Nobody that I know of is happy with endless repetition. Software has drastically improved any field of work where repetition takes place by facilitating a certain level of automation to ease all of our jobs. But when you’re implementing any automated process, there’s always a cost to consider.
The good news when working on software, is that cost is relatively low compared to effort. Since we’re working in a landscape that’s so very tightly coupled to the tools that provide automation, most of the automating is a breeze!
For a standard application, the entire pipeline (code formatting, linting, testing, packaging and publishing) can be done automatically. If you have the entire flow automated, testing suddenly isn’t that much overhead. This means you can (and should) frequently deploy to production in small increments!
This way, automation in testing and listing catches a lot of errors that could potentially end up on your production environment. And we don’t want that! 💔🐛
A lot of big tech companies work in these small increments. Obviously there’s some (human) gatekeeping involved, and the only reason is to prevent human errors to slip into an application. Automation even helps with that! By applying formatting and pretesting anything apart from the change, for a code review you only have to focus on the change. A lot of the overhead is factored out of the equation due to automation.
The obvious reason for automating is to save time on the repetitive actions. Again, saving time allows for focus on the stuff that matters, which is great for development.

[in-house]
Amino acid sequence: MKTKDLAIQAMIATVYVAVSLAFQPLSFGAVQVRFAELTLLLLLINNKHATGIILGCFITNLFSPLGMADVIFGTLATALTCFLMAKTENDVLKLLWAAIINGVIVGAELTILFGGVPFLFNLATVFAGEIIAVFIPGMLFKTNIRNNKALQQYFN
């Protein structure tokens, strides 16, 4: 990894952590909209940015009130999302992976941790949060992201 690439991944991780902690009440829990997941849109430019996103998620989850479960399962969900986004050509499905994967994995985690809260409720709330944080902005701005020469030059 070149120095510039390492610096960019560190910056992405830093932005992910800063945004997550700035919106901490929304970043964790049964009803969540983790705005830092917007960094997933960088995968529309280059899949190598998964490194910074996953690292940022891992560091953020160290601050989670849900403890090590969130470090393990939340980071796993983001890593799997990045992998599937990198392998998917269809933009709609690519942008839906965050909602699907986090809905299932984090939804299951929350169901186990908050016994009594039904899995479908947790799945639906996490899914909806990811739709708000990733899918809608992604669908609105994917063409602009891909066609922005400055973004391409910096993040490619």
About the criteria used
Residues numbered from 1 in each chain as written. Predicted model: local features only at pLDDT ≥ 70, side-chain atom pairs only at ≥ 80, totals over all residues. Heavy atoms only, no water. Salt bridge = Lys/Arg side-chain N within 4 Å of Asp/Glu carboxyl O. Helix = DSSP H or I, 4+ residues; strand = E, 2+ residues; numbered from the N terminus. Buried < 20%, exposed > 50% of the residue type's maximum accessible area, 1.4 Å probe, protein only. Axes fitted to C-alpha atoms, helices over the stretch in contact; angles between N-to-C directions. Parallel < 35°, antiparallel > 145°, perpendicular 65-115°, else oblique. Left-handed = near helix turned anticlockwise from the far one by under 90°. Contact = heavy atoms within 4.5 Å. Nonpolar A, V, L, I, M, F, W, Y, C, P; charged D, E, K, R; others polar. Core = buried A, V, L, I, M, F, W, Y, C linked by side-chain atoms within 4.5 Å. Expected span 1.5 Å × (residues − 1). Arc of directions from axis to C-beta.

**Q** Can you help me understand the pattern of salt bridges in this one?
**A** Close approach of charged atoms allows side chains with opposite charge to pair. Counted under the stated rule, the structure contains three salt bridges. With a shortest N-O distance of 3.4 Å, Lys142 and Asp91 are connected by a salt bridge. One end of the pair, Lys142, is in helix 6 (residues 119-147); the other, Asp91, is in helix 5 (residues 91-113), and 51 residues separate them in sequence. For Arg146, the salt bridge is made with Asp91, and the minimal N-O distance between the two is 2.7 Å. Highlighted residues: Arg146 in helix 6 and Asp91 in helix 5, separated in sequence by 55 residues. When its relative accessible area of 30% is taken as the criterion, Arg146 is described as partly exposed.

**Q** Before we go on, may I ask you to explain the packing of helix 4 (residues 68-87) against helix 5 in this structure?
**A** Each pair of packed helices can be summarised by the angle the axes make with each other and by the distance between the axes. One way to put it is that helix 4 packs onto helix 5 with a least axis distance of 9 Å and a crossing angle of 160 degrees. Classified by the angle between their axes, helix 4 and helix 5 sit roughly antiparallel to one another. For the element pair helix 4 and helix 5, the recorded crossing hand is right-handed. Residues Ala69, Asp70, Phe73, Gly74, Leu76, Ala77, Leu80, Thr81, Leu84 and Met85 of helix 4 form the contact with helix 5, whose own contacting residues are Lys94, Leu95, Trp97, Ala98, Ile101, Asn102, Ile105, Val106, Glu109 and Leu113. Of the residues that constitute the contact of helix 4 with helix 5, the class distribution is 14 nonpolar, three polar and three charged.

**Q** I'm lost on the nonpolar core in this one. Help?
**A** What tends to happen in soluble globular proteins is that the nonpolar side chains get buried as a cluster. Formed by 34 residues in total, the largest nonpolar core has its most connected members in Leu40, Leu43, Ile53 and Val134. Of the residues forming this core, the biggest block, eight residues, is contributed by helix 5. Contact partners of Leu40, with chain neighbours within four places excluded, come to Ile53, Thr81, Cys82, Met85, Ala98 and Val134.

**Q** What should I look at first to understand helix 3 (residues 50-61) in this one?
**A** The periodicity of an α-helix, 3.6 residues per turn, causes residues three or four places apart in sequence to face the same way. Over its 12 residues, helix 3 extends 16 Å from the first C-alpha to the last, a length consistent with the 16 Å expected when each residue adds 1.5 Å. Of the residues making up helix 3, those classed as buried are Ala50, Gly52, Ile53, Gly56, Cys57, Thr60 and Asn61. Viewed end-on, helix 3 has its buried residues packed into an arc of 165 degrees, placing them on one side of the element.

There’s a secondary benefit to having automation. For everything that is an automated process, it is documented to a certain degree (the configuration of the automation), and this means that you have fundamentals to build your software on, rather than opinions.
This is important, because software is written by humans and it is very likely that multiple people are working on a same product. Having different people with different perspectives is great. But not always when it comes to decision making. Having written down certain agreements in automation, saves meaningless discussions.
So apart from saving some time, there are some other factors that make automation a key factor for successful projects. The longer their longevity and the bigger the team, the more you should dedicate to automation.
There’s this infamous “hacker” who allegedly wrote scripts to automate texting work, his partner, restore a database and even a timed script to brew himself a coffee. Should you go this far? Maybe. His point of view was: "if I spend x amount of time on a repetitive task, what does it take to automate to save me x amount of time?"
And why not, go ahead and see where it takes you! 🤖